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Happy Birthday, Dad!

James White Miller VI

Here’s my dad just as he was about to graduate from Orlando High School in 1949. This is a page from his senior Memory Book.

James W Miller HighSchool

Look at those saddle oxfords! And the cuffs on those short sleeves. Signs of the times.

JamesW Miller Memory Book (2)

He was born July 10, 1930 in Kissimmee, Florida. He died April 14, 1989 in Oklahoma City, Oklahoma.

The first James White Miller was born April 27, 1824, on a plantation on the Catawba River in Lancaster County, South Carolina. I think Belair was the name of the family home which was established by his father, James Miller who married Sarah White.

James Miller 1825 home site The Millers went from South Carolina to Kissimmee, Florida where they remained until my dad joined the Air Force. He was stationed in Wichita Falls, Texas, and during a weekend pass he and a few buddies decided to see how far it was to Oklahoma City.

While cruising downtown the four guys ran into four girls who were on their way to the bus stop after a movie. My mom was one of those girls and that’s how my little branch of the Miller tree ended up in Oklahoma.

Happy Birthday Dad. I’m so glad you made that random trip to meet my mom.

Jan

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Posted by on July 10, 2017 in Miller

 

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Happy Birthday Grandma and Grandpa!

February 16 was my grandparents’ birthday.  Just two days after Valentine’s Day, how romantic is that!

Thomas Edwin Rose was born, in Lexington, Oklahoma, Feb. 16, 1909, and Lela Mae Scott was born two years later on Feb. 16, 1911 near Wanette, Oklahoma. Today* would have been her 100th birthday.

Mommy and the kids at home

Here’s my grandmother, Lela Mae Scott (Rose) at age 10. She’s second from the right. From left: Mommy, Caldona Crouch Scott (she refused to be called grandma), Uncle Mac, Aunt Bill (Dorine), Aunt Syble, Grandma, and Uncle Luke (Luther). They lived in far southeast Cleveland County, Oklahoma, very near the Pottawatomie County line.

Grandma went to school through the eighth grade then she took care of the house while Mommy and her brothers and sisters worked the farm. Poppy was not always at home, but that’s another story.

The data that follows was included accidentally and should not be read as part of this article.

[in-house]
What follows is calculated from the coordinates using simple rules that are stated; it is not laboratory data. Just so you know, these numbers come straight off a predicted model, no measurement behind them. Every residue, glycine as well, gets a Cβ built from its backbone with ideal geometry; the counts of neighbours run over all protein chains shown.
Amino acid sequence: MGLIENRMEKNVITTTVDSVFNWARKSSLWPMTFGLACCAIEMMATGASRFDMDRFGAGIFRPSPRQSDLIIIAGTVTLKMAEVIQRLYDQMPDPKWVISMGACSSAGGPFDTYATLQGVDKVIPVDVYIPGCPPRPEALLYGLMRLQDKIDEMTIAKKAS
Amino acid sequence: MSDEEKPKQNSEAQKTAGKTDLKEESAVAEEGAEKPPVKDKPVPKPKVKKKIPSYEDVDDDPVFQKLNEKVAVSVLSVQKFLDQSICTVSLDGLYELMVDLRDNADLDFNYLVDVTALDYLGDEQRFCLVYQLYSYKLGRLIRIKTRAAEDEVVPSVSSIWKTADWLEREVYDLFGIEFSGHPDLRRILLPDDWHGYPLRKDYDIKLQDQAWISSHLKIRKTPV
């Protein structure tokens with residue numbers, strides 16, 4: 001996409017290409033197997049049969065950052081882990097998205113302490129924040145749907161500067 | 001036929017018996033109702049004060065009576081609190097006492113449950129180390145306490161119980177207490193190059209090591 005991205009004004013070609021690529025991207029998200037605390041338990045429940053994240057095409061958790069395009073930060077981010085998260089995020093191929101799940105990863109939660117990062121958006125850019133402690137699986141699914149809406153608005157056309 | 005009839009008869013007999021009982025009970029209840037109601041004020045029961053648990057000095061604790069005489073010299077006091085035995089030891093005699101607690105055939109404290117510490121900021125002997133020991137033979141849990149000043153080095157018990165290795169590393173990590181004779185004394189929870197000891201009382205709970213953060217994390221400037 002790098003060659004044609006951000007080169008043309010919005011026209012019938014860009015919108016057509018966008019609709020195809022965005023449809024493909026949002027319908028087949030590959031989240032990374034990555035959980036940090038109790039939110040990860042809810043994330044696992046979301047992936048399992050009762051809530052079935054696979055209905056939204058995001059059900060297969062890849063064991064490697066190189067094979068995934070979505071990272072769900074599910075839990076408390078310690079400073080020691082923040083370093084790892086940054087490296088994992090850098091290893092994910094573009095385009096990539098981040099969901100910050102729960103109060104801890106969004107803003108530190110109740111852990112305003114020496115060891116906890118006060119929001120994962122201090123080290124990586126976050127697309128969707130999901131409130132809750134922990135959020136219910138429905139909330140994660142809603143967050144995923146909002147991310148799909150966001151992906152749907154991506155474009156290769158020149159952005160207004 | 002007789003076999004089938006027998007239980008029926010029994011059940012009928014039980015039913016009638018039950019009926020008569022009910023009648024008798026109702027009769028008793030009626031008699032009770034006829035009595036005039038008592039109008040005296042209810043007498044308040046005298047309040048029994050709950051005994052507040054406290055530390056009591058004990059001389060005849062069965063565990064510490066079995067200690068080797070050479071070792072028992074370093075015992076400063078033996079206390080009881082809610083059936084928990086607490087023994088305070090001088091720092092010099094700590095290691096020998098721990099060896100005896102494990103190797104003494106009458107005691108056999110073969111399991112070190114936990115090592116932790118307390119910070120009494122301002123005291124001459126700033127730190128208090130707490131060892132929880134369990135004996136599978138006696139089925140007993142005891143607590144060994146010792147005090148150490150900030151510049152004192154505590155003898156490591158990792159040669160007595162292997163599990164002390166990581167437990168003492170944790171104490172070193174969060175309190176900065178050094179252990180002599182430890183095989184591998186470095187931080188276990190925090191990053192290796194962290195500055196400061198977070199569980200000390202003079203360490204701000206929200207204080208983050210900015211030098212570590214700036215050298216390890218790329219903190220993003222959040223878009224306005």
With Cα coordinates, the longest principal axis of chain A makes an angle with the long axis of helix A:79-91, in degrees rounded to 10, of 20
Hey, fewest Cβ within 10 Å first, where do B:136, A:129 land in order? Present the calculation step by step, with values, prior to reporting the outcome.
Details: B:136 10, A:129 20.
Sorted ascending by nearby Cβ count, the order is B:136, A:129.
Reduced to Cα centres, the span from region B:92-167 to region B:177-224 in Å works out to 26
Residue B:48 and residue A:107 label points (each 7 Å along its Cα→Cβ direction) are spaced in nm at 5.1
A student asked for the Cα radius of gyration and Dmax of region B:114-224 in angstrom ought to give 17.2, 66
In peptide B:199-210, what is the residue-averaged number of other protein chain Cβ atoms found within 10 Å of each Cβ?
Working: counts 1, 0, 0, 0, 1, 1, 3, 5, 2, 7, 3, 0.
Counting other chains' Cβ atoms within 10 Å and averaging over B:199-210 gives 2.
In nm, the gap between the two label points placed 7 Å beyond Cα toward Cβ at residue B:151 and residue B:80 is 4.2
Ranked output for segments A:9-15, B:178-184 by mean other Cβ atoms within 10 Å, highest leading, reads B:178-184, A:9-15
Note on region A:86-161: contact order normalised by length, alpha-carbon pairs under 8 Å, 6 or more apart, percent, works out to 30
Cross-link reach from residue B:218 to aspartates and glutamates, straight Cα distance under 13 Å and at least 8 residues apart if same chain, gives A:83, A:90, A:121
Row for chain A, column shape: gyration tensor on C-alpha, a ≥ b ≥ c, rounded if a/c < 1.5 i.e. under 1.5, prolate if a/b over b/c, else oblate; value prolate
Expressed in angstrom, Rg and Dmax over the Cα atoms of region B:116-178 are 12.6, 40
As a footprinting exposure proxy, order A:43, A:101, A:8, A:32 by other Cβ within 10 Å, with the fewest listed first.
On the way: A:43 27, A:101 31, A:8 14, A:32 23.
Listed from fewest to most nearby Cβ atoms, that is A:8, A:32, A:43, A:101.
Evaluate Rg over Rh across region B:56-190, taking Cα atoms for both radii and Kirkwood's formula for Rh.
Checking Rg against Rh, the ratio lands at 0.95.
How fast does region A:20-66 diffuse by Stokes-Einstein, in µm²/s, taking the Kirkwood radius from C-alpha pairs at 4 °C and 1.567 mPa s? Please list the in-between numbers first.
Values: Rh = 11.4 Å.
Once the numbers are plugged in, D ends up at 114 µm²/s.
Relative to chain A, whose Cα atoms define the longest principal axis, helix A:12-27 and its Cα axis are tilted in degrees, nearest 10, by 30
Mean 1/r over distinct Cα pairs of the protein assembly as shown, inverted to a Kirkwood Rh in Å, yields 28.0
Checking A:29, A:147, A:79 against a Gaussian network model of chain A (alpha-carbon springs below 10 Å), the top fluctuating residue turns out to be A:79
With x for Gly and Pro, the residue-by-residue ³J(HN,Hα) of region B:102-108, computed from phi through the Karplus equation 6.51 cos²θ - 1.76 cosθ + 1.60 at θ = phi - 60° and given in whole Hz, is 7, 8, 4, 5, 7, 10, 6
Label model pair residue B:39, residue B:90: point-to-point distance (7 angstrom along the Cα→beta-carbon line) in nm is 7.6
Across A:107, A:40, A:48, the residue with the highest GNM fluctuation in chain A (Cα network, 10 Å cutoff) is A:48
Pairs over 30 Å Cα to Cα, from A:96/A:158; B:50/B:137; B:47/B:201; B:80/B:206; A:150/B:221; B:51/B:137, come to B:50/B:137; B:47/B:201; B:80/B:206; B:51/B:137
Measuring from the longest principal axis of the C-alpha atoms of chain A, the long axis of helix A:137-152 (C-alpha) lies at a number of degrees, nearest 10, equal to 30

When grandma fixed fried chicken and chicken and dumplins for Sunday dinner her preparations usually started out back in the chicken pen. I never saw her do it, but I hear she could wring a chicken’s neck with one sharp snap of her wrist. And as much as I couldn’t do that I know the chicken she fed us was healthy, stress free and never crated. Talk about farm fresh.

Grandma worked hard all her life but once the dishes were done and the leftovers put away she was always ready for a game of Hop Ching… also known as Chinese Checkers. She also liked a good game of dominoes. And when we were all in front of a football game… specifically the Oklahoma Sooners or the Dallas Cowboys, she had a crochet hook and ball of yarn in hand making slippers, pot holders, or some other project.

One Thanksgiving the whole family was at the farm and the weather was nice so all the cousins were playing outside. A dozen or more round hay bales had been delivered to the farm recently and they were lined up in the near pasture. The bales were about 5 feet in diameter rolled up side by side so of course we had to climb on them.

We were having a blast scambling from bale to bale, playing tag and if you stepped just wrong, you’d fall in the crack between the bales and someone would have to dig you out. That’s what made it so much fun.

There was so much laughing!

Before we knew it grandpa and the moms and dads were out there too, and then here comes grandma.  I can still see her laughing as she ran toward us. She was wearing a house dress drying her hands on a tea towel. It may have been tied around her waist as a makeshift apron. In no time at all we pulled her into our game and on top of the hay.

I’m sure we were all terribly itchy from rolling around in that dry hay all afternoon, but I don’t remember that part. I just remember the fun and realizing my grandma was a whole lot of fun. She played hard when the work was done.

Grandma died May 22, 1993 in Oklahoma City. Even though she was 82 years old, she certainly didn’t die of old age. She was going strong until shortly before she died. It was stomach cancer that got her.

I wish I’d paid more attention when I was in the kitchen with her, but I cherish the memories and lessons I got from her. She taught me how to cut up a chicken. (I’m OK after the bird is dead, but she knew better than to take me to the chicken coop except to gather eggs.)

I got her recipe for bread pudding when I took her to the hospital for one of her visits. (I was driving, so I had her tell me how she made it and I memorized it.)

My first two quilts were assembled under her supervision and quilted in her living room. I think half of Lexington came by her house to work on my quilts. They were quilted in no time.

I learned a pot of beans on the stove before we go to the garden will be ready when we get back to the house with an apron full of fresh green onions and tomatoes.

She would ladle a serving of beans into a wide shallow bowl. A slice of fresh hot cornbread went on the side or on top of the beans, add green onions, sliced tomatoes, still warm from the summer sun, a spoonful of homemade chow chow (pickle relish) and you’ve got the best summertime lunch ever!  Larrupin!

So happy birthday grandma and grandpa! I can’t wait to hear favorite memories from my brothers and cousins.

*Their birthday is Feb. 16, but technical difficulties with my scanner delayed my  posting until after midnight.

 
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Posted by on February 17, 2011 in Rememberies

 

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